Despite these strengths, the present study shows several limitations. First, we conducted a cross-sectional study which does not allow for a causal interpretations of our findings. Second, we used self-rating instruments assessing for attachment style and anger which can be influenced by reporting biases. Third, there was no standardized assessment of personality disorders by SCID-II.
In summary, individuals with SAD show less secure and more preoccupied attachment as well as higher scores on trait anger and anger suppression. Preoccupied attachment and anger suppression are significant cross-sectional predictors for social anxiety; anger suppression partially mediates preoccupied attachment and social anxiety. An integrative focus on the association of insecure attachment style and anger suppression in SAD may facilitate therapeutic communication and optimize clinical outcomes.
Availability of data and materials
Data will be available from the corresponding author (RC) upon request after publication.
First MB, Gibbon M. The structured clinical interview for DSM-IV Axis I disorders (SCID-I) and the structured clinical interview for DSM-IV Axis II disorders (SCID-II). In: Comprehensive handbook of psychological assessment, Vol 2: personality assessment. Hoboken, NJ, US: John Wiley & Sons Inc; 2004. p. 134–43.
Association AP. Diagnostische Kriterien DSM-5: Deutsche Ausgabe herausgegeben von Peter Falkai und Hans-Ulrich Wittchen, mitherausgegeben von Manfred Döpfner, ... Winfried Rief, Henning Saß und Michael Zaudig. 2., korrigierte Auflage 2020. Hogrefe Verlag; 2020. 533 S.
Bartholomew K, Cobb RJ, Poole JA. Adult Attachment Patterns and Social Support Processes. In: Pierce GR, Lakey B, Sarason IG, Sarason BR, Herausgeber. Sourcebook of Social Support and Personality [Internet]. Boston, MA: Springer US; 1997 [zitiert 16. Januar 2021]. S. 359–78.
Laczkovics C, Fonzo G, Bendixsen B, Shpigel E, Lee I, Skala K, u. a. Defense mechanism is predicted by attachment and mediates the maladaptive influence of insecure attachment on adolescent mental health. Curr Psychol. 2020;39(4):1388–1396.
Eng W, Heimberg RG, Hart TA, Schneier FR, Liebowitz MR. Attachment in individuals with social anxiety disorder: the relationship among adult attachment styles, social anxiety, and depression. Emotion. 2001;1(4):365–80.
Brumariu LE, Kerns KA. Mother-child attachment and social anxiety symptoms in middle childhood. J Appl Dev Psychol. 2008;29(5):393–402.
Esbjørn BH, Bender PK, Reinholdt-Dunne ML, Munck LA, Ollendick TH. The development of anxiety disorders: considering the contributions of attachment and emotion regulation. Clin Child Fam Psychol Rev. 2012;15(2):129–43.
Schore JR, Schore AN. Modern attachment theory: the central role of affect regulation in development and treatment. Clin Soc Work J. 2008;36(1):9–20.
Weinfield NS, Sroufe LA, Egeland B, Carlson E. Individual differences in infant-caregiver attachment: conceptual and empirical aspects of security. In: Handbook of attachment: theory, research, and clinical applications. 2nd ed. New York, NY, US: The Guilford Press; 2008. p. 78–101.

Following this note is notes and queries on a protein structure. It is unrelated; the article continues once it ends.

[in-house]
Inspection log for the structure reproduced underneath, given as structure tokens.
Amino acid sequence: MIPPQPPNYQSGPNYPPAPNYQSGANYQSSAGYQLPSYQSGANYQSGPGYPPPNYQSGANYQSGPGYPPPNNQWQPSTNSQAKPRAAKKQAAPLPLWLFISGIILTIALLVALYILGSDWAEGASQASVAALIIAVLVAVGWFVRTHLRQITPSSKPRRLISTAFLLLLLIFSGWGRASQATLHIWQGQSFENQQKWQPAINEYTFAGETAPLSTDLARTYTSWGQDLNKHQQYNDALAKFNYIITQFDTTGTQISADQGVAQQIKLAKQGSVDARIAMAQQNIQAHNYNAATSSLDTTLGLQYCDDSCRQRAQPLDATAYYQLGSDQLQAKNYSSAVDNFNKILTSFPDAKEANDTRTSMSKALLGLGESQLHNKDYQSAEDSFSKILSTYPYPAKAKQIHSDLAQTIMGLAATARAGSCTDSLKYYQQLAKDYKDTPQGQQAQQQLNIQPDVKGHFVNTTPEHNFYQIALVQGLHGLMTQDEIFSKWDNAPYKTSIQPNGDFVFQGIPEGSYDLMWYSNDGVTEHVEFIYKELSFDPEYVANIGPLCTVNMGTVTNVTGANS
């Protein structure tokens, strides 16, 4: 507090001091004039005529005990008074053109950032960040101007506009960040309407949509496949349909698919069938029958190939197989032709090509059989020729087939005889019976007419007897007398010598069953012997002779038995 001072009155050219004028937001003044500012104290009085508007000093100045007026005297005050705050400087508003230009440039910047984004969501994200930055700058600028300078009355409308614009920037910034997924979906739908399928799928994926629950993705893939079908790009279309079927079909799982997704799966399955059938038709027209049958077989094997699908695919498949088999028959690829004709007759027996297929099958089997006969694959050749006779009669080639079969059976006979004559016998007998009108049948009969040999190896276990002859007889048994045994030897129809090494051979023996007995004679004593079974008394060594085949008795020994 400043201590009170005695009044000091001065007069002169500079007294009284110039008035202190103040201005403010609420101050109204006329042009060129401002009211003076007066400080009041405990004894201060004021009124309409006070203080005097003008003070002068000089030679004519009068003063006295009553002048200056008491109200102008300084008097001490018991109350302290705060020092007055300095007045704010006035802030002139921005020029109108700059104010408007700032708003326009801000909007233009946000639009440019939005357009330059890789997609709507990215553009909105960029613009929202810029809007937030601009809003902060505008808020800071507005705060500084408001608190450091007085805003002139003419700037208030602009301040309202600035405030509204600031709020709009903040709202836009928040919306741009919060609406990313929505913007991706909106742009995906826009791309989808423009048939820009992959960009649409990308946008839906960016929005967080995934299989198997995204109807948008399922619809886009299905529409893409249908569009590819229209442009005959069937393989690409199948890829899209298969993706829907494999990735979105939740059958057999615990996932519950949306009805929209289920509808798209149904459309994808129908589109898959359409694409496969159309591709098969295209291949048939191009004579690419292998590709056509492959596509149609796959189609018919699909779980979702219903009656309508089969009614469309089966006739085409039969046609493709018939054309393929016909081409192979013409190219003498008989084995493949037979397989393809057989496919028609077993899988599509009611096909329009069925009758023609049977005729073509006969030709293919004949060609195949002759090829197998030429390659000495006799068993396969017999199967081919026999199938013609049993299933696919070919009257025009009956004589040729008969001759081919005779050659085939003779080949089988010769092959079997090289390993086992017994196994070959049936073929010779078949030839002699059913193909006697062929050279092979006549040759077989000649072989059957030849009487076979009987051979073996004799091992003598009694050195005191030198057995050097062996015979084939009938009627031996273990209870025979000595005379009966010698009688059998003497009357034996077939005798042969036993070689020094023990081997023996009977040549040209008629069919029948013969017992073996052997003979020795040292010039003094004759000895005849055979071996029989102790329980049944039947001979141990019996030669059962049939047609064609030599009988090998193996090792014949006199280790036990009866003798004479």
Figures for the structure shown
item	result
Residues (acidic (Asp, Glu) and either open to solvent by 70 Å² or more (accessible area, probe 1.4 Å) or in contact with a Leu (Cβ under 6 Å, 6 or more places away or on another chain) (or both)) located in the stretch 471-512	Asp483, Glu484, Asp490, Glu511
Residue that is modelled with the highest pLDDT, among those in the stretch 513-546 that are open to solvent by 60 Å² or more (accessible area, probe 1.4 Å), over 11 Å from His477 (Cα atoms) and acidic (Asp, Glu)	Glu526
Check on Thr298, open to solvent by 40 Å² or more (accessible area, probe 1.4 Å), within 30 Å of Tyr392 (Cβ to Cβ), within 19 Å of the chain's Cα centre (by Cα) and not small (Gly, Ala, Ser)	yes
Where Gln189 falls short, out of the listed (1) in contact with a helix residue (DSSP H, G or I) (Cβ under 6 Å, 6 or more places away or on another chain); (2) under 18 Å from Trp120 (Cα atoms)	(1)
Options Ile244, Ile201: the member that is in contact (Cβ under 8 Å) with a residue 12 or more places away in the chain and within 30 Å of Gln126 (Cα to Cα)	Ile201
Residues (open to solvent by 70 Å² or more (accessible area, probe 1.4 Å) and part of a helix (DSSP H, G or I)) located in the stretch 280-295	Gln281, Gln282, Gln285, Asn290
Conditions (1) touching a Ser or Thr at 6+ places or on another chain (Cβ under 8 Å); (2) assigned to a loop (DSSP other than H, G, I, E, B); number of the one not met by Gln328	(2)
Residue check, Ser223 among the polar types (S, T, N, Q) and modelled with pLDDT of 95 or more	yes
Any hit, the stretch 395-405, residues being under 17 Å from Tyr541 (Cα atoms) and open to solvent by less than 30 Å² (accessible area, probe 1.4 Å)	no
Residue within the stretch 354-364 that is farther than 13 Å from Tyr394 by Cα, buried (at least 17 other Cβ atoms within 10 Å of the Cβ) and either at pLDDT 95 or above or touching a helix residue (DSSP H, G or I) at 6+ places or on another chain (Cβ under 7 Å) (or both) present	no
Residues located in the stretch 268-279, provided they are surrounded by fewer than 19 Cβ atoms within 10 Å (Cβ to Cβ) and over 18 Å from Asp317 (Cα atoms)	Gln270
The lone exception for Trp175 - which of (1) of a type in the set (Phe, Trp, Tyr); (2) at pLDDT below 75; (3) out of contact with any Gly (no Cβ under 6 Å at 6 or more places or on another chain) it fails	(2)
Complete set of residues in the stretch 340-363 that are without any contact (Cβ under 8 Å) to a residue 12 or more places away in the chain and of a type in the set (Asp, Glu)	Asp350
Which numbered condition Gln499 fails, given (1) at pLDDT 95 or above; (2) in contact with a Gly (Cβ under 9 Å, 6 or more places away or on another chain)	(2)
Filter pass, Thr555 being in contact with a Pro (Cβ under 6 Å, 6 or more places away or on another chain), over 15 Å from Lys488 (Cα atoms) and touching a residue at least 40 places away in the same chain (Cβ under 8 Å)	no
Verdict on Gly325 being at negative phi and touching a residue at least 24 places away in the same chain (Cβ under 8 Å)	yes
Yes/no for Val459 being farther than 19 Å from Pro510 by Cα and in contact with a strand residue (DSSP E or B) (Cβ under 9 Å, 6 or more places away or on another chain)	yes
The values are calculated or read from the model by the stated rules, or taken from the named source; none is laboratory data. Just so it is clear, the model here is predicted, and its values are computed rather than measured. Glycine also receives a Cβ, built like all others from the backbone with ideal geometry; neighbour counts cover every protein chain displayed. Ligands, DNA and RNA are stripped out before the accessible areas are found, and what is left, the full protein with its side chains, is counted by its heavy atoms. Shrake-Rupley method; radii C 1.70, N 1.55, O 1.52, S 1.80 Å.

Mennin DS, McLaughlin KA, Flanagan TJ. Emotion regulation deficits in generalized anxiety disorder, social anxiety disorder, and their co-occurrence. J Anxiety Disord. 2009;23(7):866–71.
Werner KH, Goldin PR, Ball TM, Heimberg RG, Gross JJ. Assessing emotion regulation in social anxiety disorder: the emotion regulation interview. J Psychopathol Behav Assess. 2011;33(3):346–54.
Asberg K. Hostility/anger as a mediator between college students’ emotion regulation abilities and symptoms of depression, social anxiety, and generalized anxiety. J Psychol. 2013;147(5):469–90.
O’Toole M, Jensen M, Fentz H, Zachariae R, Hougaard E. Emotion differentiation and emotion regulation in high and low socially anxious individuals: an experience-sampling study. Cogn Ther Res. 2014;68:460–3.
Schwenkmezger P, Hodapp V, Spielberger CD. Das State-Trait-Ärgerausdrucks-Inventar STAXI: Handbuch. Bern; Göttingen. Toronto: Huber; 1992.
Erwin BA, Heimberg RG, Schneier FR, Liebowitz MR. Anger experience and expression in social anxiety disorder: pretreatment profile and predictors of attrition and response to cognitive-behavioral treatment. Behav Ther. 2003;34(3):331–50.
Breen WE, Kashdan TB. Anger suppression after imagined rejection among individuals with social anxiety. J Anxiety Disord. 2011;25(7):879–87.
Versella MV, Piccirillo ML, Potter CM, Olino TM, Heimberg RG. Anger profiles in social anxiety disorder. J Anxiety Disord. 2016;37:21–9.
Kashdan TB, Roberts JE. Social anxiety, depressive symptoms, and post-event rumination: affective consequences and social contextual influences. J Anxiety Disord. 2007;21(3):284–301.
Forstner AJ, Rambau S, Friedrich N, Ludwig KU, Böhmer AC, Mangold E, u. a. Further evidence for genetic variation at the serotonin transporter gene SLC6A4 contributing toward anxiety. Psychiatr Genet 2017;27(3):96–102.
Rambau S, Forstner AJ, Wegener I, Mücke M, Wissussek CTS, Staufenbiel SM, u. a. Childhood adversities, bonding, and personality in social anxiety disorder with alcohol use disorder. Psychiatry Res. 2018;262:295–302.
Ernstmann N, Heuser C, Halbach S, Wegener I, Rambau S, Forstner AJ, u. a. [Interactive Health Literacy, Sociodemographic Characteristics and the Uptake of Psychotherapeutic or Pharmacological Interventions - are there Social Inequalities in the Treatment of Social Anxiety Disorder?]. Psychiatr Prax. 24. November 2020; online ahead of print.